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By: Cava and Faulkner

What are the Consequences if an Executor Steals From an Estate?

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The executor’s main duty is to ensure all matters pertaining to distributing assets and paying debts associated with the estate are completed in a timely and legal manner. Being named an executor is a position of trust, and any betrayal of that trust can have serious consequences.

Theft from an estate is known as inheritance theft and is grounds to have the executor immediately removed from their position. Suppose you feel that an executor has been stealing from the estate; you need to consult with a trust attorney as soon as possible before even more assets can be embezzled. Contact our law offices and ask to schedule a free consultation as soon as possible.

What is the Legal Definition of Stealing From an Estate?

Inheritance theft can also be considered the crime of embezzling. In many cases, the theft occurs before the estate inventory can be completed. The executor may fail to properly report assets or other financial holdings that belong to the estate.

Any type of stealing is considered to be a serious crime in California. This type of theft can be challenging to prove and may require a great deal of evidence presented by the plaintiff. Evidence can be in the form of documents and testimony from the plaintiff or other witnesses.

Can the Executor Go to Jail for Stealing From an Estate?

Inheritance theft is a criminal offense in California. The courts have the legal authority to order the Executor to make restitution to the estate by paying damages and demanding that all of the stolen assets be returned. If the state attorney decides to bring criminal charges against the Executor, they could face being criminally convicted and potentially serving up to 25 years in prison. However, often the problem is dealt with in civil court rather than in the criminal justice system. In either case, a knowledgeable trust attorney can assist you in gathering crucial evidence such as documentation, assessing damages, and providing representation in court.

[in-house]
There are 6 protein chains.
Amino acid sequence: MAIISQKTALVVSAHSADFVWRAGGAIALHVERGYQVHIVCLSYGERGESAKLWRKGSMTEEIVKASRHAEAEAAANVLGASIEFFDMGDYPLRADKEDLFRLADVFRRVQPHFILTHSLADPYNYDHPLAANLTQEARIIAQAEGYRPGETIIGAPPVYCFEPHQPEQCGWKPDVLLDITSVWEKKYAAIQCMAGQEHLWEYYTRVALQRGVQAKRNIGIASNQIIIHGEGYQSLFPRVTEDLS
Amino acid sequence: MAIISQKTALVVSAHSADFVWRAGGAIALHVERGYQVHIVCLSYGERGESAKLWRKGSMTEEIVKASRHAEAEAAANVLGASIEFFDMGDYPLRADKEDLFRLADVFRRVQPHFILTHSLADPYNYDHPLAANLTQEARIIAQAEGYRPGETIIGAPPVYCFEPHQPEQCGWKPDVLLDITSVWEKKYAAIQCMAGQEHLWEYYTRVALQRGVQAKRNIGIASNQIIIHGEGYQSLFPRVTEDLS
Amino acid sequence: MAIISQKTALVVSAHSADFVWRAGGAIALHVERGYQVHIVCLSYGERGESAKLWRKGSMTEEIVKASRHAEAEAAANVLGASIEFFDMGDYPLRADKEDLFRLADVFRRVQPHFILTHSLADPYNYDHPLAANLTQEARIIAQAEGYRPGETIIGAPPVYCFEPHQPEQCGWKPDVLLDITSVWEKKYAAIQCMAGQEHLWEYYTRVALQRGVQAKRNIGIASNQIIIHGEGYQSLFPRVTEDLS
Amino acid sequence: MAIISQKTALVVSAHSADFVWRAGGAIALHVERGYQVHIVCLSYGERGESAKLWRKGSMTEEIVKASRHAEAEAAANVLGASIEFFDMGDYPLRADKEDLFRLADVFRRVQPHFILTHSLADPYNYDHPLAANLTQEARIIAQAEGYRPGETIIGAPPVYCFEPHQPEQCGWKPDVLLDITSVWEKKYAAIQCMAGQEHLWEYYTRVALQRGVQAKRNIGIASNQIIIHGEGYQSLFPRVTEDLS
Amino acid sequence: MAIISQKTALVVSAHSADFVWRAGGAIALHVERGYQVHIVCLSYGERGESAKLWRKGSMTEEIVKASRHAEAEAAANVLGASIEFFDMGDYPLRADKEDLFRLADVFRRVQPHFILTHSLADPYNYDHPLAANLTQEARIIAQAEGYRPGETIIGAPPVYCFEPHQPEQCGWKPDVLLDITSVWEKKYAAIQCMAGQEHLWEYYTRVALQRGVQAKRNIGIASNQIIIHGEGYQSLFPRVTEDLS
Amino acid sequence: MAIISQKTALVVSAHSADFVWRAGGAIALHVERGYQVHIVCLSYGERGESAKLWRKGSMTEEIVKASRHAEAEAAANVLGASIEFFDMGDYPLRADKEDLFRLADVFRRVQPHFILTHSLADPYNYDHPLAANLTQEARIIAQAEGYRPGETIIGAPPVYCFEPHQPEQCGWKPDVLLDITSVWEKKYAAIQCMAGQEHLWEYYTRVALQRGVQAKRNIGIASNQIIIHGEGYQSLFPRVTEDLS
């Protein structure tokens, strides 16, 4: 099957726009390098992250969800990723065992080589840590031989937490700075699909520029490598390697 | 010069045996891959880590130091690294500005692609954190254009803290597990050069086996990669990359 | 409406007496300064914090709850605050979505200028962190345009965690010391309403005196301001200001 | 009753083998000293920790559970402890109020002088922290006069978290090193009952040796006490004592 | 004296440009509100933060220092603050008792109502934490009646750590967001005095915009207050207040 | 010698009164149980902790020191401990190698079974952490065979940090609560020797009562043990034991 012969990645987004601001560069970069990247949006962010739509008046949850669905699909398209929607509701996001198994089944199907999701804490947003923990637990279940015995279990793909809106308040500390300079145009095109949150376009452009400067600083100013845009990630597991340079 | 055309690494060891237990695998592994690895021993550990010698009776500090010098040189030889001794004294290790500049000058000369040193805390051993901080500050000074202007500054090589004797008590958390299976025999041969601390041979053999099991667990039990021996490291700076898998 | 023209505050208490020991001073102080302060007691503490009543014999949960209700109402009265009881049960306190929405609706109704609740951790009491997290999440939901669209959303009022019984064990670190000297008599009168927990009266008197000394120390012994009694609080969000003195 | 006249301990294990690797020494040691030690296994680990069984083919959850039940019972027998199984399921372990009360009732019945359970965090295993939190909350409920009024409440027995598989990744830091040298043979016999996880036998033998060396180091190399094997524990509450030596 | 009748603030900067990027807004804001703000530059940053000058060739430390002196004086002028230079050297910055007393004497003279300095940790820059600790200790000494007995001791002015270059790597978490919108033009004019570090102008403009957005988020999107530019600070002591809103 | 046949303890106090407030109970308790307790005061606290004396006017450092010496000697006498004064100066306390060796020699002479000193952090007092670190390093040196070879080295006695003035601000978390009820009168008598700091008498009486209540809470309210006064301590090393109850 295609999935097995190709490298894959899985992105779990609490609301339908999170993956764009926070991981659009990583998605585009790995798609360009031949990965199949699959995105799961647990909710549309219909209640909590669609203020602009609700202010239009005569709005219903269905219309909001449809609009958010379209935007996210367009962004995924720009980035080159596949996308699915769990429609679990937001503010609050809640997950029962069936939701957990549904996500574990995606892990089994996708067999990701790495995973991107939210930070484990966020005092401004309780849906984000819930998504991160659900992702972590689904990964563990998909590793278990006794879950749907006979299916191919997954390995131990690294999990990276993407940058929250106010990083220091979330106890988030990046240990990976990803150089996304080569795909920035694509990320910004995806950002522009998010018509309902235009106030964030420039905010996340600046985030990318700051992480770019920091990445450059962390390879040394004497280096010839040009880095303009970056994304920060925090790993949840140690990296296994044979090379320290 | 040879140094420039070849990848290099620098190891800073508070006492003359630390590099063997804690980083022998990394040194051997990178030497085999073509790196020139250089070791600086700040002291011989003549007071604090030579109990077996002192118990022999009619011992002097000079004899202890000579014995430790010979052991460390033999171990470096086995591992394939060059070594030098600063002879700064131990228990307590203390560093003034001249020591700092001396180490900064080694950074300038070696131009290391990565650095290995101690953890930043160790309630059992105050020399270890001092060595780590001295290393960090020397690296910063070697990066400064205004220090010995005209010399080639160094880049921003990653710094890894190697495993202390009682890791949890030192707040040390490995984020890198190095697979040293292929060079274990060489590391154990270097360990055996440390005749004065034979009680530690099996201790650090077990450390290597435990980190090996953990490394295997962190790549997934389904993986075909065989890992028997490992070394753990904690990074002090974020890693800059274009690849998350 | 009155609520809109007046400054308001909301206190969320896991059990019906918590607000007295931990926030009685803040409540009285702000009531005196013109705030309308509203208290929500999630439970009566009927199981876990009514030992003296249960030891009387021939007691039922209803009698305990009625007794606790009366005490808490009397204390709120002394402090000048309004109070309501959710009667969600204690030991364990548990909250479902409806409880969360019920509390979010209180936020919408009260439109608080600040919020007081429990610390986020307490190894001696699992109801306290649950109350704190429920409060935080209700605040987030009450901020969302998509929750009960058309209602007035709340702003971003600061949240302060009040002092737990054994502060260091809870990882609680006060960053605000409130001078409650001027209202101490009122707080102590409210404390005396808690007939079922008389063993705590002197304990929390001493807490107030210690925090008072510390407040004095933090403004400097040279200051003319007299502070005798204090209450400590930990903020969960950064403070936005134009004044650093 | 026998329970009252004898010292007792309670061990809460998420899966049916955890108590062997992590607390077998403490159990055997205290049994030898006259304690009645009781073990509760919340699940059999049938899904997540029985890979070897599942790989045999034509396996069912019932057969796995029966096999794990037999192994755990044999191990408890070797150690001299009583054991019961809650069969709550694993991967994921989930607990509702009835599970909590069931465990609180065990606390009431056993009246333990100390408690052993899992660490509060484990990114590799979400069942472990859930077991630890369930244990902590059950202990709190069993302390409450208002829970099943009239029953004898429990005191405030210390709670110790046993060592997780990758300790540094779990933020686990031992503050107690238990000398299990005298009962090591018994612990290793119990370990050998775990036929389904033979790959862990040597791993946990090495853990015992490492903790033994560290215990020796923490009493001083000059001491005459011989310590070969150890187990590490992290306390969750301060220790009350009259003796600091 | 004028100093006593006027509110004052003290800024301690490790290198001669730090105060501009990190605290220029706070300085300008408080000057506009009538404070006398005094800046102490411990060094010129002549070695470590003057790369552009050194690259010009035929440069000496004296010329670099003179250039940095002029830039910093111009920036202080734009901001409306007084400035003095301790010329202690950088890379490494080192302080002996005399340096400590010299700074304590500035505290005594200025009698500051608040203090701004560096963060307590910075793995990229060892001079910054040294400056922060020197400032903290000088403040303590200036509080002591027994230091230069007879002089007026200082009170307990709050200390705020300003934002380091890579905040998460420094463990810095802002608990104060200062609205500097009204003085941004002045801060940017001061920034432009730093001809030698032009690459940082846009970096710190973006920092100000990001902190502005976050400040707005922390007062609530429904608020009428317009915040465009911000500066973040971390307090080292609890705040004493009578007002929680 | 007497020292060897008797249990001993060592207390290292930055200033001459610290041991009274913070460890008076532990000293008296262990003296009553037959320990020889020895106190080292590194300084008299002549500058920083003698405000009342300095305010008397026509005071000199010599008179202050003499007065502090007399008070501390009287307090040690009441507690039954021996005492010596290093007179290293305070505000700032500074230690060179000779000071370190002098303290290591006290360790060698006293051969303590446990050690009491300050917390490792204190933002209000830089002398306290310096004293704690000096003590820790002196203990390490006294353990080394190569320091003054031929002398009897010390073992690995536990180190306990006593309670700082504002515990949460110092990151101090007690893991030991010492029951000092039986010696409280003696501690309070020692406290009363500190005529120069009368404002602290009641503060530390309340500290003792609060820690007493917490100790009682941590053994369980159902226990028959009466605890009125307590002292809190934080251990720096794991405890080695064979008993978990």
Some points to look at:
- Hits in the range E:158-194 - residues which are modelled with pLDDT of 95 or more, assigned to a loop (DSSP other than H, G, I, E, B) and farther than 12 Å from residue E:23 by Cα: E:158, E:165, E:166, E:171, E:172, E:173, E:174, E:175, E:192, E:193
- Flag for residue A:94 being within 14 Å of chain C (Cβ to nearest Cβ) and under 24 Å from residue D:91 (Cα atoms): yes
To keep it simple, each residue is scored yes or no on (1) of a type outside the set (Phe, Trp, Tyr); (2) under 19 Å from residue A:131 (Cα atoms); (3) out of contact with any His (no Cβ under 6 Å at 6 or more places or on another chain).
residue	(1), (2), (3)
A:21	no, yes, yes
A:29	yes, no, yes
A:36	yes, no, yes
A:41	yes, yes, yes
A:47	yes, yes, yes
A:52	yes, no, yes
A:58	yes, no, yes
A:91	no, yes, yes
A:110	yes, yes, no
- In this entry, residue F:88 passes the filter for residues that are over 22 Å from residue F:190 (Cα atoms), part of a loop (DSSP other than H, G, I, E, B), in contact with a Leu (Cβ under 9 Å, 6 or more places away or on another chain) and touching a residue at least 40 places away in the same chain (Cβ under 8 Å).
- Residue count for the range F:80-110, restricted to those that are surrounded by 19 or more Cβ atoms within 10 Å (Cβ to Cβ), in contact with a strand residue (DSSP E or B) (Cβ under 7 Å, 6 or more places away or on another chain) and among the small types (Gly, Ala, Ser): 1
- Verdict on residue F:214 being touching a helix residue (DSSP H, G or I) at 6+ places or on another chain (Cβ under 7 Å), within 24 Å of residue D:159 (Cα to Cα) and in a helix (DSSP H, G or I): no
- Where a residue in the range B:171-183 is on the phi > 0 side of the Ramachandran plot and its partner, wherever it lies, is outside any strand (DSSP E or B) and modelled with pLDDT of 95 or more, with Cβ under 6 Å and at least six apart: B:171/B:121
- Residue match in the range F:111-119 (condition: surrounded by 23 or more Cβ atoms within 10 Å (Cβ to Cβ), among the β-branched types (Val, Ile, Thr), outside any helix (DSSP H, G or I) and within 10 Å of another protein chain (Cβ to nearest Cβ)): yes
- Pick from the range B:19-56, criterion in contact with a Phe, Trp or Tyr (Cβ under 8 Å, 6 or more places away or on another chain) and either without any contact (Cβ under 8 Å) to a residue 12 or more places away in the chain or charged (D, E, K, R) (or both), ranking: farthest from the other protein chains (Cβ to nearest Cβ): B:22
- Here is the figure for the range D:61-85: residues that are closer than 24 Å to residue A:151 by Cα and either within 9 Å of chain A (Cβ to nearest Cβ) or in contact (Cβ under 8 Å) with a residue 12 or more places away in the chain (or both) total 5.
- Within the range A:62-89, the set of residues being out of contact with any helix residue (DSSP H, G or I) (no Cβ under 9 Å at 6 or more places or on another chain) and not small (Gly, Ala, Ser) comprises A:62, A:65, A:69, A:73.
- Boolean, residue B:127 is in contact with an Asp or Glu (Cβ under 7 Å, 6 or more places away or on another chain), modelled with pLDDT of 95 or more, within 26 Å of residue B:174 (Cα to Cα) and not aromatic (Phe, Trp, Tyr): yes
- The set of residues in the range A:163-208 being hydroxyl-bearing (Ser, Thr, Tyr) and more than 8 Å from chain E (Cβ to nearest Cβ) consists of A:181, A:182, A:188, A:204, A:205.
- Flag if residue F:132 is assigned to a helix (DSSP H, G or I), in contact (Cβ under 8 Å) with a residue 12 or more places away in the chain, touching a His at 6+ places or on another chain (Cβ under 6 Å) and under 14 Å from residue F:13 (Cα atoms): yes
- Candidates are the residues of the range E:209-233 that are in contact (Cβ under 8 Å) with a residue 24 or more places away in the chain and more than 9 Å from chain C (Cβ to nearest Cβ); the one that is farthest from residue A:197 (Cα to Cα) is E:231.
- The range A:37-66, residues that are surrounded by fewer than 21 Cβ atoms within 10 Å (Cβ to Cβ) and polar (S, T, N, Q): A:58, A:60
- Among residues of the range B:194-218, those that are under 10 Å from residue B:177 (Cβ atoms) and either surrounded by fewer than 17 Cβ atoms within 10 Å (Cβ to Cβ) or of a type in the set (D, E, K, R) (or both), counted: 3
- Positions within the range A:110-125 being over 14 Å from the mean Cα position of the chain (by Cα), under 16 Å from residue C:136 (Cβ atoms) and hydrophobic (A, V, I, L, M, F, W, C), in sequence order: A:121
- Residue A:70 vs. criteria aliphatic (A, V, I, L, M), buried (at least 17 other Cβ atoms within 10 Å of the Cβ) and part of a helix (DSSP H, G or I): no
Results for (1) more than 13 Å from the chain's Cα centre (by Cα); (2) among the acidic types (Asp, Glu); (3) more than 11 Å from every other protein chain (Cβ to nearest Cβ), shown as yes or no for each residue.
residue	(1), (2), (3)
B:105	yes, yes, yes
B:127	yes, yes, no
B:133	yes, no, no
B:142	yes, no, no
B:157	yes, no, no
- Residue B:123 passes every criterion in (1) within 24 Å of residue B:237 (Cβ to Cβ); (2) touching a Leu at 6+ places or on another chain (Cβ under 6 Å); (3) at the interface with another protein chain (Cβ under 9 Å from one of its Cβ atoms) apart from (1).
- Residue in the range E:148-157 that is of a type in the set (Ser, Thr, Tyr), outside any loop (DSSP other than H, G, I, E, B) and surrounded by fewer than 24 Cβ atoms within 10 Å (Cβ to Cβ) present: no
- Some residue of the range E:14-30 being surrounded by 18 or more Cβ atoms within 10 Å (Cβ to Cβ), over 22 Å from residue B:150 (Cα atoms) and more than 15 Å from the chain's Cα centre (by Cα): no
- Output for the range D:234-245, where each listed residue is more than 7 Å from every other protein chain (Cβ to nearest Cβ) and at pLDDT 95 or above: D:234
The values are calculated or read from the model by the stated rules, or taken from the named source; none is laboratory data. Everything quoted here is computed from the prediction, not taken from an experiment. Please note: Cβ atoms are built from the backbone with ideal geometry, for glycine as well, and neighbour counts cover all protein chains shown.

How Long do I Have to Respond to Beneficiary Notice?

The trustee of an estate is required to send out a notice informing beneficiaries when trust changes have occurred. If you feel that the Executor is stealing from an estate related to forged documents, you need to act within 120 days of receiving the notice. However, if you feel that funds or other financial assets have been stolen, you still have the option of pursuing legal action even if more than 120 days have passed.

How Can a Trust Attorney Help Me if I Suspect Theft by an Executor?

If you feel that the Executor is stealing from an estate, you need to contact the law offices of Cava and Faulkner of Elk Grove, CA, as soon as you suspect the theft. We can examine any evidence you may have and assess how to proceed with legal action if necessary. Contact us by calling (979) 596-4088 and ask to schedule a free consultation.